A University of Auckland student says she dedicated hundreds of hours of study and thousands of dollars in course fees in an effort to get into a medical programme, only to be told hours before a test she had been rejected.
She said it was "a big ask" to expect her to achieve high marks in her exam while trying to deal with the bad news.
Letters were sent to 87 first year students telling them they had not been short listed for interviews for the University of Auckland's medical programme.
After receiving the upsetting news, the students who were enrolled in the Bachelor of Science in Biomedical Science and Bachelor of Health Science were then expected to sit a test.
The test was part of the Medical Science 142 paper, which is compulsory for those wanting to get into medical school.
The 87 students were among 917 students vying for interviews for the medical programme.
The student who spoke to the Herald and did not want to be named was trying to "let go" of her feelings over the issue as she prepared for the test.
"Not only was the timing incredibly inappropriate for our test that day but we also have high stakes examinations only days after the news," she said.
"If we are to apply as graduates into the medical programme we must maintain an A range average over the entire course of our degree. To receive news of our rejection only days before serious exams that make up usually at least 50 per cent of each subject grade is also putting our future academic futures on the line.
"We are human after all, and many of us in this position have been working crazy 16 hour study days all of second semester to ensure we get As and A+ grades this semester."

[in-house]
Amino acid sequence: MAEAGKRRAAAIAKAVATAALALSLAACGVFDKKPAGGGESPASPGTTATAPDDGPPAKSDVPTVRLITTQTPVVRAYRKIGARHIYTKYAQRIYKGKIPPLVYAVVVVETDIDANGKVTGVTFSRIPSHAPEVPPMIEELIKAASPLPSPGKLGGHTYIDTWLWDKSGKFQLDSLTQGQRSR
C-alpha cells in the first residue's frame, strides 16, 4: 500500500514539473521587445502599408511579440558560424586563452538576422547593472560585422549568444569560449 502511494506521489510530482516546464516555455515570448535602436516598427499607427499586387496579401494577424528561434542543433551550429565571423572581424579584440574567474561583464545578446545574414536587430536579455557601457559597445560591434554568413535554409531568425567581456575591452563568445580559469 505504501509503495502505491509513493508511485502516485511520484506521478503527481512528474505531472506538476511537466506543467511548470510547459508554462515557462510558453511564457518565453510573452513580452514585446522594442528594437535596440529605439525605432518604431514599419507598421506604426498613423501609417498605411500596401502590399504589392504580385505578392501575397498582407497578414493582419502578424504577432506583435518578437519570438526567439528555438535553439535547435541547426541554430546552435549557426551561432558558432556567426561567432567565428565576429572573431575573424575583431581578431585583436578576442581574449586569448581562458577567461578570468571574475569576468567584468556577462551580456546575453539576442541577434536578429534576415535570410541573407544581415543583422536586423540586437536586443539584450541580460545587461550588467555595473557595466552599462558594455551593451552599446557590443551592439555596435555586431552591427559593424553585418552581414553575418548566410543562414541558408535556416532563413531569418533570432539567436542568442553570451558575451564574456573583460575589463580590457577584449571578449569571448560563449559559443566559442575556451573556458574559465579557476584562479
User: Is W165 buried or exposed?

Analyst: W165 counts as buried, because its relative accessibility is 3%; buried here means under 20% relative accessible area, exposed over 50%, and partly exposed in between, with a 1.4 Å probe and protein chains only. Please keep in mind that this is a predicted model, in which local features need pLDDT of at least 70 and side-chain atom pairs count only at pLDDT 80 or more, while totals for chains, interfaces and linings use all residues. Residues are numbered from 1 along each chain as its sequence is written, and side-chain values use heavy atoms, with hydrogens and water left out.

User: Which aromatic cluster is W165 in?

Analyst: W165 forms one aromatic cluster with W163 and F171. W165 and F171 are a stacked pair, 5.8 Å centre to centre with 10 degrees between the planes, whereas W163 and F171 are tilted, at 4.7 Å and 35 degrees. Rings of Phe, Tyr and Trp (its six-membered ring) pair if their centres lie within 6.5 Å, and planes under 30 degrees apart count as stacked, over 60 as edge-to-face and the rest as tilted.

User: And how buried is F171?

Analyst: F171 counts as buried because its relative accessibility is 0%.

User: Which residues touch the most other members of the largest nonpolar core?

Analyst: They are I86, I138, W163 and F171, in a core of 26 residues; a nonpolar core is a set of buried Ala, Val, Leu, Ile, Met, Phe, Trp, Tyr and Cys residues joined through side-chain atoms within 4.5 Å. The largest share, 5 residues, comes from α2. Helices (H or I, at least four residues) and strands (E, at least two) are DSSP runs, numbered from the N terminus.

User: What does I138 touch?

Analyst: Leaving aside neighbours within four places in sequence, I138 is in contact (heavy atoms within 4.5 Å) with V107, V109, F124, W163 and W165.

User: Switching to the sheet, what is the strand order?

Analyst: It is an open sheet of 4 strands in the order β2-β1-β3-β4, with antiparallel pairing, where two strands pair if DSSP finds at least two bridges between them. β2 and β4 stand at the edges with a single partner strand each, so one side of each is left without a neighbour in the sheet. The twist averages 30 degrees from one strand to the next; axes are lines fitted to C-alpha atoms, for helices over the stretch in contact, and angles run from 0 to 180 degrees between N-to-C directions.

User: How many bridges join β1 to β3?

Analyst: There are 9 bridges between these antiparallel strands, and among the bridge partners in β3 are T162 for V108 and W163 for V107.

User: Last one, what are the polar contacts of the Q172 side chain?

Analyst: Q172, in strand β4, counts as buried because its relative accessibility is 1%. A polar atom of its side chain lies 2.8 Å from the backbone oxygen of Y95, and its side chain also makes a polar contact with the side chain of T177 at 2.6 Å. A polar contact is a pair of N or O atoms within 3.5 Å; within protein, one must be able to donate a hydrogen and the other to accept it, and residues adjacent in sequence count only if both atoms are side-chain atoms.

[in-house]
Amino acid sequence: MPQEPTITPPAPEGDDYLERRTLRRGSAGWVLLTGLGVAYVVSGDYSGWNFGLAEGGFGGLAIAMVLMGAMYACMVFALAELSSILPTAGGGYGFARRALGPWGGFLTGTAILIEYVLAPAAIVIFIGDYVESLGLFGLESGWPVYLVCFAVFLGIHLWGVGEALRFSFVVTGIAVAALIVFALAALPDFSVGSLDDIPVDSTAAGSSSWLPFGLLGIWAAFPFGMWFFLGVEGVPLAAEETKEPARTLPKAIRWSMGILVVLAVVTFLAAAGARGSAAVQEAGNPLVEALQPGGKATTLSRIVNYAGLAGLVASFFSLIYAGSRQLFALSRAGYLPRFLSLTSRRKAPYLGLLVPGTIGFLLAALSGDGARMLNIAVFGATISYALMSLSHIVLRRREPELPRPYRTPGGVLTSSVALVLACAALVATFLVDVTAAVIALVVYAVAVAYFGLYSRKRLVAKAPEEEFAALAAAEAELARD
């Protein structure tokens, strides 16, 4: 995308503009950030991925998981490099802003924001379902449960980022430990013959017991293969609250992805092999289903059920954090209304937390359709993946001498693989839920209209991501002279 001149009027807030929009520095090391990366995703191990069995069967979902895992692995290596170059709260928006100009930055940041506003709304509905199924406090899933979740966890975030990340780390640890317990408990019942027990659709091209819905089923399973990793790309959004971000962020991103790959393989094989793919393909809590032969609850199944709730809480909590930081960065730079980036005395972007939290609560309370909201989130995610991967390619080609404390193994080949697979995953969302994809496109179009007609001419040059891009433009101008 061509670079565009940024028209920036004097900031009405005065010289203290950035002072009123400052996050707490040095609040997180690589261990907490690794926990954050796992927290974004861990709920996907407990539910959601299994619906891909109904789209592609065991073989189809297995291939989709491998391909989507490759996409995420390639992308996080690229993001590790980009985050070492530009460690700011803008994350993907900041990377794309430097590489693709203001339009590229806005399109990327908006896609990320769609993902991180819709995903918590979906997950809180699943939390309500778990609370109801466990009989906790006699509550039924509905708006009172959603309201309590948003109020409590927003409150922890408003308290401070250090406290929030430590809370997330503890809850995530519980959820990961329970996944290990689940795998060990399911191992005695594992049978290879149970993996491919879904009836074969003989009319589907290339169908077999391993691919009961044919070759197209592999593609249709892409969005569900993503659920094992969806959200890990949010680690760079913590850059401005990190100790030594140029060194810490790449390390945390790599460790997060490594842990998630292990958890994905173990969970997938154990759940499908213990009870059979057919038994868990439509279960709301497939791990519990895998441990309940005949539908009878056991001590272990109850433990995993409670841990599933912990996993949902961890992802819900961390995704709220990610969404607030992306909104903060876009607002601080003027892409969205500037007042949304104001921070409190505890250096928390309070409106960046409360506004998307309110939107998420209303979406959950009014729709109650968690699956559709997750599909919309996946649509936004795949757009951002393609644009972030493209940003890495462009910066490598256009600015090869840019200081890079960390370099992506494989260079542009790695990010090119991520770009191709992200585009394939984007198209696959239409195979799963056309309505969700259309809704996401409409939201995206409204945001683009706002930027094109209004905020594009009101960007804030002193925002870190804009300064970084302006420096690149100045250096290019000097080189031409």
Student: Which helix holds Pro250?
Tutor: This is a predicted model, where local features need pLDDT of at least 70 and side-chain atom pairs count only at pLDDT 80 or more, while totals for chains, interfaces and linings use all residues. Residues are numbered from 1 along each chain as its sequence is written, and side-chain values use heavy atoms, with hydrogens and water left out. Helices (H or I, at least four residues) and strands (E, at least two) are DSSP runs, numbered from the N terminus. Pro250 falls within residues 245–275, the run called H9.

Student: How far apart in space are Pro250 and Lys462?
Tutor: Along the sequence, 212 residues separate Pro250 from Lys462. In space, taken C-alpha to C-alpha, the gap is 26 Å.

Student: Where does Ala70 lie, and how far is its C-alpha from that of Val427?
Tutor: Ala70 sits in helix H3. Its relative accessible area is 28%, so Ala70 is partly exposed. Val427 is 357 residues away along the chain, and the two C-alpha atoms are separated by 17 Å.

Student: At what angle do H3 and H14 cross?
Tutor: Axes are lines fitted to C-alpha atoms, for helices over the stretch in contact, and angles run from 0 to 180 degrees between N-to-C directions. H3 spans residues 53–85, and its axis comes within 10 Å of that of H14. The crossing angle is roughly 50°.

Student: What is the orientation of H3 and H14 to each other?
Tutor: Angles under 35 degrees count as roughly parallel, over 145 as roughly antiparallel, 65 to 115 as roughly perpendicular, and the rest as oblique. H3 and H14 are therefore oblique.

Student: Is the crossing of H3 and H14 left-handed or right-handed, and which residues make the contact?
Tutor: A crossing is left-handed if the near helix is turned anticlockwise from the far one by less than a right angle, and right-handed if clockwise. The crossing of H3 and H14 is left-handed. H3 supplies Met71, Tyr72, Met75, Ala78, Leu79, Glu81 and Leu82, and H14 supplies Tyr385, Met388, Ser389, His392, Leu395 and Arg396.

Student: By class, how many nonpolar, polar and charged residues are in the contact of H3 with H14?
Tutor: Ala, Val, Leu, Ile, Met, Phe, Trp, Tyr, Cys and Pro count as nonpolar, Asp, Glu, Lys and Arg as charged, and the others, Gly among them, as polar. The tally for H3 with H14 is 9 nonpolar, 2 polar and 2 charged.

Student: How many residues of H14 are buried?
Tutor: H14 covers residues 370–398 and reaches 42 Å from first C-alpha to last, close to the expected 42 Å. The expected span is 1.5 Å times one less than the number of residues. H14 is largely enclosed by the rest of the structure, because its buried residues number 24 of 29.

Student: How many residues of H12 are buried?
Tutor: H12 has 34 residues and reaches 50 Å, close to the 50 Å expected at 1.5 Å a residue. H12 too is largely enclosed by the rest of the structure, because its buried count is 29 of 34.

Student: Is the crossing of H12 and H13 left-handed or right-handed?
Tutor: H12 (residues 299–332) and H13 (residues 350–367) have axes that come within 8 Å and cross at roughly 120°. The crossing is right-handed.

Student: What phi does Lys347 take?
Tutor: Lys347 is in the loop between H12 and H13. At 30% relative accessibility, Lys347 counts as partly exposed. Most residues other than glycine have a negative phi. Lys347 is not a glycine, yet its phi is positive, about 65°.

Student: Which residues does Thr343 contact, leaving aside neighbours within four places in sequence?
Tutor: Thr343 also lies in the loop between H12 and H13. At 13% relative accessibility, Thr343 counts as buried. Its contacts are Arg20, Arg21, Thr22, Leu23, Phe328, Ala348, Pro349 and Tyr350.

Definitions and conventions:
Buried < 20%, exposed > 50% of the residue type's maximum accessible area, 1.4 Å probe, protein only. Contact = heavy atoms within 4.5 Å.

The student said many were also upset at the way in which their applications were assessed.
"Because the faculty have only access to our semester one grades, they have given us all a proxy A+ for our final core medsci142. They have then used this to rank us and eliminate some of us now.
"It seems remarkably unfair to make assumptions about grades for such an important application without even allowing the second half of the year to contribute. In my mind, we should have been informed that if our gpa was below a certain threshold after first semester we shouldn't try to rectify it and apply as there was not actually any opportunity for this."
She said the second semester had cost her $7000 in course fees and living costs, as well as hundreds of study hours.
"If I knew this would have no chance of making a difference then I would have been able to deal with my disappointment and not have it affect my grades.
"Ultimately they have to choose the best people- medicine is difficult and demanding and about helping people, if I am not the best person for the course, then I respect that, I am more just upset at the way it has been handled and the timing and lack of transparency about the value of an entire years work."
The University of Auckland has apologised for the timing of the letters, but a spokesperson said it did not impact the decision about whether they had got on the course.
Students have been encouraged, however, to apply for compassionate consideration when their tests are marked, the spokesperson said.
"The timing of this communication was a mistake.
"We regret this communication was sent and any impact this may have had on students' test performance."
In a post on the Biomed/Health Science First Year Course Facebook page, the committee adviser for the paper wrote that the timing was "completely inappropriate" given it came just before students were due to sit an exam.
The selection committee was apparently unaware of the test.
Auckland University Student Medical Association president Jibi Kunnethedam said about 50 association members had reached out to the students affected by the ordeal. None of the students affected were members as the association only represented medical students, which would be students who were in their second year or more.
"We understand it can be very upsetting for students."